Archive for October, 2013


Point Lookout Lighthouse

Point Lookout Lighthouse

Point Lookout Lighthouse

My latest visit to Point Lookout was an interesting one, four days of a tropical storm kept us in the camper most of the time.  I was able to get a shot from the truck of the tower on top of the lighthouse dwelling this time.  Having a vantage point of from the height of the truck I had missed this shot the last time I was there.

I hadn’t done any extensive homework prior to my visits to realize that the light was decommissioned and replaced by an offshore steel tower.  Not wanting to have my camera out in the rain too long I had missed the fact that the light was missing from tower.  I had been excited to see the light beacon in the night from the pier on Lake Conoy, but realized in the  morning that it was not the lighthouse but the tower.  Using my 300mm lens in the daylight, it was obvious that the light was from the tower and not the actual lighthouse.

Point Lookout Light tower

Light tower from Lake Conoy

I had visited Point Lookout in August, 2012 and was able to go into the gates and photograph the keeper’s house from the front.

It had been a nice sunny day and there were people out there working who allowed us to enter the gated area and photograph.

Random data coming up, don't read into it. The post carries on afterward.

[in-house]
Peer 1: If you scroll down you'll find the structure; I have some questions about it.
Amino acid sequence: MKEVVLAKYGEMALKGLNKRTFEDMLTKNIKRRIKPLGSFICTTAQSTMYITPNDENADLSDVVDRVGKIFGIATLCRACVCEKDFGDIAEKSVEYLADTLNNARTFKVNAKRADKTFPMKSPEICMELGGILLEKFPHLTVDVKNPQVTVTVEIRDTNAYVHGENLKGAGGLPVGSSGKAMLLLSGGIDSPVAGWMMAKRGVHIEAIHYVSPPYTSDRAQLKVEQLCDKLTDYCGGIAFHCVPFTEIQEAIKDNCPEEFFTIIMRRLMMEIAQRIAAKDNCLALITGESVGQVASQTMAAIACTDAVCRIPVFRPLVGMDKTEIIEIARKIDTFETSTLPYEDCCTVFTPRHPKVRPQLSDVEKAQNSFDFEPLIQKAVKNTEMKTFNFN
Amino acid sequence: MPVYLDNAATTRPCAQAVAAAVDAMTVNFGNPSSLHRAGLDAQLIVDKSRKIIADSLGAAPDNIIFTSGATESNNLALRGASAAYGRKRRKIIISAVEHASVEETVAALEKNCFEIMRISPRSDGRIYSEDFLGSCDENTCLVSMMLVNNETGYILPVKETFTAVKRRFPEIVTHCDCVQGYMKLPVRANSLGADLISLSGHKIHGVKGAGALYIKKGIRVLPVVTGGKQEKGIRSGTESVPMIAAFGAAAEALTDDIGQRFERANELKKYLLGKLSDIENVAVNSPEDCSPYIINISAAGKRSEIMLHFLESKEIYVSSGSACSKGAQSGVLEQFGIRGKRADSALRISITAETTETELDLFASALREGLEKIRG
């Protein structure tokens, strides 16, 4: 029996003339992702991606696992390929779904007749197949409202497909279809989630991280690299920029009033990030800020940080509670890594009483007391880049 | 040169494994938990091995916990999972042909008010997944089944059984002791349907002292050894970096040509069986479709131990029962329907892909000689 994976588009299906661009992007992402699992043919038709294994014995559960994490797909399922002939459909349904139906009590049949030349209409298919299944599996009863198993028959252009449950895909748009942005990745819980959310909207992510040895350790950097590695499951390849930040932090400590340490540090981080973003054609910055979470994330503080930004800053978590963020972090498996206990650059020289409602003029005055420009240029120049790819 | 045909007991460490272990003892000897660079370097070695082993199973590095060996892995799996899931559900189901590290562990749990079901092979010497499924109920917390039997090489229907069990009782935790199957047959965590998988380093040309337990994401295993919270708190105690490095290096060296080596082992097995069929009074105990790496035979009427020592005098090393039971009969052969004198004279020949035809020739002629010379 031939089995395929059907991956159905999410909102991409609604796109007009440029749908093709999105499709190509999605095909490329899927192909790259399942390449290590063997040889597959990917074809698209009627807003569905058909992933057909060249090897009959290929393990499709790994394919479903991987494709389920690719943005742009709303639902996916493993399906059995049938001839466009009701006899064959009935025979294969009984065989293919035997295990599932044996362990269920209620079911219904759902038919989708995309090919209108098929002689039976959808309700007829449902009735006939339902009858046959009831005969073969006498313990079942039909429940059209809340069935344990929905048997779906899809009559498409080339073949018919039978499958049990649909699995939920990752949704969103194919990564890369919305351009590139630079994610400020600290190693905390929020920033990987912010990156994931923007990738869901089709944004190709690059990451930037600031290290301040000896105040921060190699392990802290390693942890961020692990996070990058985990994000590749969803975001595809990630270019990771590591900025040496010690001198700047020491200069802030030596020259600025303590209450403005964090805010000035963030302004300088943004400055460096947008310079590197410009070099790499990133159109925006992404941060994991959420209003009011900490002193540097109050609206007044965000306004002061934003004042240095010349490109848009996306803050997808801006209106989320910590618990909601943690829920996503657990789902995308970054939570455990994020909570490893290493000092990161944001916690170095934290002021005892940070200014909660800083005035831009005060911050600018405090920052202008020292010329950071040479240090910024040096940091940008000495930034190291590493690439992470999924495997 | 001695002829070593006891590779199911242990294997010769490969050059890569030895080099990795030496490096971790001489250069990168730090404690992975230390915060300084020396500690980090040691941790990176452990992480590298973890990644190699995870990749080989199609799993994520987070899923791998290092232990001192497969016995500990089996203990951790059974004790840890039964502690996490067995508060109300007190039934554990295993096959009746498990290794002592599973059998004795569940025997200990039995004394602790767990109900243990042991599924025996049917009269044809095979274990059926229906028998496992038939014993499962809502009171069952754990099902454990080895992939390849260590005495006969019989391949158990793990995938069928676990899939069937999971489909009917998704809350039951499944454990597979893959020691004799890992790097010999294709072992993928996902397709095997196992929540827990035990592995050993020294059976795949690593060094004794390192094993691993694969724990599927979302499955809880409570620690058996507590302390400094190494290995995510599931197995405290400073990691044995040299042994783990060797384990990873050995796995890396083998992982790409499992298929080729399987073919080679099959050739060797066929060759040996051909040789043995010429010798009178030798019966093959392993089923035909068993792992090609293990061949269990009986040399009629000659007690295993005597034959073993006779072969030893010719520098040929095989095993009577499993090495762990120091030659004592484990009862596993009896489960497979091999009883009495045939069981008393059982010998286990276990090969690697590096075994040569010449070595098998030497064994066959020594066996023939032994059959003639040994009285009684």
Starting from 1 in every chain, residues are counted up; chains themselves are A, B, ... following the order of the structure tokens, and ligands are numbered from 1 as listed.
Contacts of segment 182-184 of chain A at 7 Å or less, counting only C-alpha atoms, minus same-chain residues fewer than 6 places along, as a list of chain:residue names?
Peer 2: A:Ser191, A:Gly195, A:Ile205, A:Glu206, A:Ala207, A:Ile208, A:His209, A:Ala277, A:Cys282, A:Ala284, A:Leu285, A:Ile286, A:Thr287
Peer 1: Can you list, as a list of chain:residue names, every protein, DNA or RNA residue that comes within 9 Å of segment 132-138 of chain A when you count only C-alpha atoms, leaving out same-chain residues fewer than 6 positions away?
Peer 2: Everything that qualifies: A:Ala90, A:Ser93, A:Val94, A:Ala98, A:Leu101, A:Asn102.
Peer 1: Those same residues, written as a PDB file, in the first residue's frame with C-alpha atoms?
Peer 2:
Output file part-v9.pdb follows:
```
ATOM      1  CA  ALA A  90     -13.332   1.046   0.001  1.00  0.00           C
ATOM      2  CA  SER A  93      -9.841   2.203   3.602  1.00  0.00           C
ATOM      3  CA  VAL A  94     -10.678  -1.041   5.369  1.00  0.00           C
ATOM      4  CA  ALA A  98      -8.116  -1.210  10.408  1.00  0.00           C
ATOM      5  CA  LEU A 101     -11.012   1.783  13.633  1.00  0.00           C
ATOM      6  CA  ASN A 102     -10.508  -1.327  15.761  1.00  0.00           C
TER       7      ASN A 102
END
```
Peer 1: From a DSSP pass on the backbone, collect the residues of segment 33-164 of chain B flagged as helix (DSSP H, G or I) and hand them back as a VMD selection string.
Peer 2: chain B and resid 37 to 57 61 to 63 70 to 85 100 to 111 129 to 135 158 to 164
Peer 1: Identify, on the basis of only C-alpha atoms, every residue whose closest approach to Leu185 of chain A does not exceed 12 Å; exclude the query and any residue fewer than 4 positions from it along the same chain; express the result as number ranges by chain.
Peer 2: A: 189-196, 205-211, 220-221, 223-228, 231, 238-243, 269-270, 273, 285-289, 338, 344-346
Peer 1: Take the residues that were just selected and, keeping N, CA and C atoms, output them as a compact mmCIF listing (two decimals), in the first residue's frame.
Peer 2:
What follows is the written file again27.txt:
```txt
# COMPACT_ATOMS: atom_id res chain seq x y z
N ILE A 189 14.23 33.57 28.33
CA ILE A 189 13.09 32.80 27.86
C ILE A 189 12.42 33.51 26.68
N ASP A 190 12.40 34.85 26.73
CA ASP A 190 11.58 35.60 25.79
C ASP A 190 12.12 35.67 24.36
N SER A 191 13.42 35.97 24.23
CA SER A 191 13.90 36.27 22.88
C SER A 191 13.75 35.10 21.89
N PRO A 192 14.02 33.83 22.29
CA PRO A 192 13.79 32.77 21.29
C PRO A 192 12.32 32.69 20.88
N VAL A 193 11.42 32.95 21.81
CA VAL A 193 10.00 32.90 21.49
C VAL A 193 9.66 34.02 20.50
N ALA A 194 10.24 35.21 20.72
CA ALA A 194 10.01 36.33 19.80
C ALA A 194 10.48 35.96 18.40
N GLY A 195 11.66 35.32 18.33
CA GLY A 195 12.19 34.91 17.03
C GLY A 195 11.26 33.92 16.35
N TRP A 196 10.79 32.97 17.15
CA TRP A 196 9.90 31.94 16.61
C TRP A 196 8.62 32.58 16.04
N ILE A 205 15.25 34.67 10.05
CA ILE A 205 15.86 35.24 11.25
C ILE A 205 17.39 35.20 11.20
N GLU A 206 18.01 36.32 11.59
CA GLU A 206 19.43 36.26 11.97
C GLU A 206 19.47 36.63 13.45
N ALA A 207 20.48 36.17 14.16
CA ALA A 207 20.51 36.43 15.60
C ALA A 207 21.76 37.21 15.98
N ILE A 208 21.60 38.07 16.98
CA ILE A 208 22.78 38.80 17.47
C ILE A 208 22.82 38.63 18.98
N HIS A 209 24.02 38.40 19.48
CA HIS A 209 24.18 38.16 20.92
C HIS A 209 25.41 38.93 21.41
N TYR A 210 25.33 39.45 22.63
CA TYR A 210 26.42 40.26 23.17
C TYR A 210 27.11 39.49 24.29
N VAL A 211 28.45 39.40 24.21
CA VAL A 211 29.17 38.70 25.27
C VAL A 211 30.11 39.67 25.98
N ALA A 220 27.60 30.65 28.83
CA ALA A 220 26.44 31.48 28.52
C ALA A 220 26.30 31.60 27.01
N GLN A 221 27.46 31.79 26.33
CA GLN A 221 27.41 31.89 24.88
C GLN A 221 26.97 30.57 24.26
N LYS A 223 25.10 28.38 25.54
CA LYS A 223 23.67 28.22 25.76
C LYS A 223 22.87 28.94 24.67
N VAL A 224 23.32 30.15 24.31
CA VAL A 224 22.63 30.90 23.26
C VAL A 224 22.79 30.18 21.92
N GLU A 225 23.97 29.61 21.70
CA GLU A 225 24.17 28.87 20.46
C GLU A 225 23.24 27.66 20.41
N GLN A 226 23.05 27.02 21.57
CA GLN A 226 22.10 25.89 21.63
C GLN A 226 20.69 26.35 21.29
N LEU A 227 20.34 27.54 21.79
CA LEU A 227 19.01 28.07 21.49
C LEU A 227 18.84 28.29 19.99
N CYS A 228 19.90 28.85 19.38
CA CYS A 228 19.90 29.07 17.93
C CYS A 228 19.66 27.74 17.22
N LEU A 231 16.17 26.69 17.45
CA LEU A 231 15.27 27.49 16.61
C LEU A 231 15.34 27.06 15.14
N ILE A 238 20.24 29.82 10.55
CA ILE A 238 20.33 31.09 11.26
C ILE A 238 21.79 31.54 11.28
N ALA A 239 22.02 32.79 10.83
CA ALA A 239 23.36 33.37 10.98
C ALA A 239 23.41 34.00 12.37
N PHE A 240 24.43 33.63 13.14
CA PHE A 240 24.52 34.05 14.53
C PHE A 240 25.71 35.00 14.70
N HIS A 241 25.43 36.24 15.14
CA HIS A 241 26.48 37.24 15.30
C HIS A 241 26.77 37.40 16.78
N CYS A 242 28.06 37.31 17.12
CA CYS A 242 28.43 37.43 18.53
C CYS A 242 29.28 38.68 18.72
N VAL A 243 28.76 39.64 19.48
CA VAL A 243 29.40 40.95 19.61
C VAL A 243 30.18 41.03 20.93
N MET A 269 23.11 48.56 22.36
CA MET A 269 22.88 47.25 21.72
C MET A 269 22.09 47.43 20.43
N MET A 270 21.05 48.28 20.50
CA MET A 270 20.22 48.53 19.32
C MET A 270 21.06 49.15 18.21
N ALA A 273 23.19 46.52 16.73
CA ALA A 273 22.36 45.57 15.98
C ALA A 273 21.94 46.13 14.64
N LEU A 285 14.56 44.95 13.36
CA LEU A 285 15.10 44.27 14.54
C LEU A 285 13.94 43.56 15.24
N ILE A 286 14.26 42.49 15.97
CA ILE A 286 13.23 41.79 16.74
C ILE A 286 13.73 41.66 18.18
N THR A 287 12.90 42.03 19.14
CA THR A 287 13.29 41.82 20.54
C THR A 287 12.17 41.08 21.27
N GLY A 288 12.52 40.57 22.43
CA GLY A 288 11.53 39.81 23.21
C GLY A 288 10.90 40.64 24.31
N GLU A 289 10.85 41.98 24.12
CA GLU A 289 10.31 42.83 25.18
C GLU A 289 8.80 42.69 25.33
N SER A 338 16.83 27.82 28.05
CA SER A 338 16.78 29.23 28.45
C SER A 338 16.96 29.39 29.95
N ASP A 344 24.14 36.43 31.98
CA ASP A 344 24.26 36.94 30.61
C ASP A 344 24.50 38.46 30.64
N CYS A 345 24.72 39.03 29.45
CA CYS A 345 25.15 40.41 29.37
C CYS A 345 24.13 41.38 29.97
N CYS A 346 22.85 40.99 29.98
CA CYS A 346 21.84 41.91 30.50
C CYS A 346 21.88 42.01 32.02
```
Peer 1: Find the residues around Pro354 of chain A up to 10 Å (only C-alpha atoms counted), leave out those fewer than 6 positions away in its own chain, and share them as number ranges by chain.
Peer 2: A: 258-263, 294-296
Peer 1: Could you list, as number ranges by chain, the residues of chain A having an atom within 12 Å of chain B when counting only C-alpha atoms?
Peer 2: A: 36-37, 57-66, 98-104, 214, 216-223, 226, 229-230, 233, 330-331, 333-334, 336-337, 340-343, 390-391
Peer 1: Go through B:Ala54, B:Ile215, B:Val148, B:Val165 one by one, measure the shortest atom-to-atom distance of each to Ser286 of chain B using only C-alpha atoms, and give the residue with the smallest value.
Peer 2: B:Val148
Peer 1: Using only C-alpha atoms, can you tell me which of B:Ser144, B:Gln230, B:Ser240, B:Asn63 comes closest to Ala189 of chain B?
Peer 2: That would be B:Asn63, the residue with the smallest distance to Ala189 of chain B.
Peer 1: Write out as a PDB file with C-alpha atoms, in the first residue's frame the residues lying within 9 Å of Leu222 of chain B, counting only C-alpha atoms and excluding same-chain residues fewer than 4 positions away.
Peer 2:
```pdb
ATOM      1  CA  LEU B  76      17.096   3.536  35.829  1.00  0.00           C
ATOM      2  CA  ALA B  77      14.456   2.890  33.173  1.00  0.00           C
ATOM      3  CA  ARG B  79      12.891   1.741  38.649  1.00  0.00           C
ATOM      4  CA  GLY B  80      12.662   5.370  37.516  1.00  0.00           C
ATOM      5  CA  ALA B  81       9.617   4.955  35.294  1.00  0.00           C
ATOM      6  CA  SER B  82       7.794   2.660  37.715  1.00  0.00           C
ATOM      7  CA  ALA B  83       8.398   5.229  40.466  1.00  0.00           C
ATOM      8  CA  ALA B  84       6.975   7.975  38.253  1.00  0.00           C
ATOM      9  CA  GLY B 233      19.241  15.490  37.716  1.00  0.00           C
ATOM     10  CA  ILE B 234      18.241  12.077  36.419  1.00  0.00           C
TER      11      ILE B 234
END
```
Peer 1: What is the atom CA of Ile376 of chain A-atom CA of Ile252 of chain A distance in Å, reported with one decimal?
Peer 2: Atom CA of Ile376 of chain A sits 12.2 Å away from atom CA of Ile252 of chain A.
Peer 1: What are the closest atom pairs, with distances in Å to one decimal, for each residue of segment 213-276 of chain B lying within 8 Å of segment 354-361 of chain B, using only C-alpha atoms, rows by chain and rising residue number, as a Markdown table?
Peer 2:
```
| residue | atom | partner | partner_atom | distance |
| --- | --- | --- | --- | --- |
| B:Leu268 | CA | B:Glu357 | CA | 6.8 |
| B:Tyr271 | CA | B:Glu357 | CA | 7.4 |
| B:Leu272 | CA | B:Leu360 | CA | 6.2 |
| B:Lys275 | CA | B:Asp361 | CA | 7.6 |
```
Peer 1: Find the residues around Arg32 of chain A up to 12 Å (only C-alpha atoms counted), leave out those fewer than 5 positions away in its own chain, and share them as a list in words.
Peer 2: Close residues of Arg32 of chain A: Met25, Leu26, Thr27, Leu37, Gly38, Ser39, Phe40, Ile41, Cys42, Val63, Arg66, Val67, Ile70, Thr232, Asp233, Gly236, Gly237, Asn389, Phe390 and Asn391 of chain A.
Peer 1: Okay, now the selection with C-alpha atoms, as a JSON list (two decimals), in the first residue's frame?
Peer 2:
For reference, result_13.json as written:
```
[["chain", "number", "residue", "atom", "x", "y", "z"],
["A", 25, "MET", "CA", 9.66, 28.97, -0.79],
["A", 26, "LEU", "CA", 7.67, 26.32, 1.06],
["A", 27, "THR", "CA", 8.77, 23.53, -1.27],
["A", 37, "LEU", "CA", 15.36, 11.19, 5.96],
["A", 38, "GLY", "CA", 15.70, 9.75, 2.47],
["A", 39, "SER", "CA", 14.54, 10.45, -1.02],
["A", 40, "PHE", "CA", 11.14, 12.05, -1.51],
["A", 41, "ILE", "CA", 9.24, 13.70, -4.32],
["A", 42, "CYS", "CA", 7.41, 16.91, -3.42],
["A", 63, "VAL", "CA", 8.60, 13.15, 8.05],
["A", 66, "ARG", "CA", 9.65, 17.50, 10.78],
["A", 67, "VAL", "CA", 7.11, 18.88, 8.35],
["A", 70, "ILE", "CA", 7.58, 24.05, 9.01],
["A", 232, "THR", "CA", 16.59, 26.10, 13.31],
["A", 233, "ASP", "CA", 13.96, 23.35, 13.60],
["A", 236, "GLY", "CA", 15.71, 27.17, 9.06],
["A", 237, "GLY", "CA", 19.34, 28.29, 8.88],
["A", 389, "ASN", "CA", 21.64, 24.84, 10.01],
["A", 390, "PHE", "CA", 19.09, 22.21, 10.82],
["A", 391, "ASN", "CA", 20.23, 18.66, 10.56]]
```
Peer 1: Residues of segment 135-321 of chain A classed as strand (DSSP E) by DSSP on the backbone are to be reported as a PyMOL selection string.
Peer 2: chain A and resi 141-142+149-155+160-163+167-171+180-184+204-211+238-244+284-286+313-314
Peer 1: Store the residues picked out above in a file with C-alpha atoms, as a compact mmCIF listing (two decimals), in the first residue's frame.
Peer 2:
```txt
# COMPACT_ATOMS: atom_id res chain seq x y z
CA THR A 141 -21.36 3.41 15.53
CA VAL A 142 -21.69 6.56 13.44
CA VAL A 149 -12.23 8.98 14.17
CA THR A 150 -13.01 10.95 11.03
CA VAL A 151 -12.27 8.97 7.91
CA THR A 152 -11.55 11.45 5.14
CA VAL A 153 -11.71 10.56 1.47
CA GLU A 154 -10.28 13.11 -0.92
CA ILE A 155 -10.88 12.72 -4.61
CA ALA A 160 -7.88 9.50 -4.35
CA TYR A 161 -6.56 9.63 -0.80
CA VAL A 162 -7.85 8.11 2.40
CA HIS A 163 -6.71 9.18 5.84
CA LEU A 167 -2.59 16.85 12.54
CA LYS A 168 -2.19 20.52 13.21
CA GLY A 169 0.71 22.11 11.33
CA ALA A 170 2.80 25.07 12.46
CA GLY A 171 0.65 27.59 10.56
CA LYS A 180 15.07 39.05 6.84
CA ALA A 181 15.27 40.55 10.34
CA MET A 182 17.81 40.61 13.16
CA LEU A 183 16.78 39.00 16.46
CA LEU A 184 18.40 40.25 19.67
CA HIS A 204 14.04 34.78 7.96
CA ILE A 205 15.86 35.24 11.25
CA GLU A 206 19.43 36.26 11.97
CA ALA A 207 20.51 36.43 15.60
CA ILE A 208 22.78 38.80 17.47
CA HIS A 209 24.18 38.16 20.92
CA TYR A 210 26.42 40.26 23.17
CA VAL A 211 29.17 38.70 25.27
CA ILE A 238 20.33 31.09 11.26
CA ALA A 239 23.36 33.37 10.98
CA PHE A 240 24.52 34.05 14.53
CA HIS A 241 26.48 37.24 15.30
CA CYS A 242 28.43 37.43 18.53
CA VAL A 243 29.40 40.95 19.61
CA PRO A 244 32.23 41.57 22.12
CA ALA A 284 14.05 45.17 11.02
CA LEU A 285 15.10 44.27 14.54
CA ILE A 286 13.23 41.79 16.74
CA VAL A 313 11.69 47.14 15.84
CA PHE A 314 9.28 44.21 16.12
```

Point Lookout Lighthouse

Point Lookout Lighthouse, 2012

Point Lookout Lighthouse marks the Northern mouth of the Potomac River.  It housed a fourth-order Fresnel lens that was visible for up to 12 miles.  The fog bell tower, originally installed in 1872, was moved and on display at the Chesapeake Bay Maritime Museum in St. Michael’s, MD.  Shown here from the water along with the Hooper Strait Lighthouse I shot in 2011.

Fog Bell Tower

Point Lookout Fog Bell Tower (left)

Cove Point Light

Cove Point Light

 

On my second attempt to see/photograph Cove Point Lighthouse I was at least able to see the Lantern above the keeper’s house.  It was a rainy weekend and to my advantage I was able to get a pretty good shot of the Fourth-order Fresnel lens doing it’s job on Cove Point.

This cylinder shaped, brick lighthouse sits directly in front of the keeper’s building and is only accessible certain times through the Calvert Marine Museum.   Fenced off from the public, the lighthouse can only be seen from the water or from the private beaches on either side on the point, or during the times of operation.

Apparently the keeper’s quarters, which were divided into two units, are available for vacation rentals.  This would absolutely make my bucket list!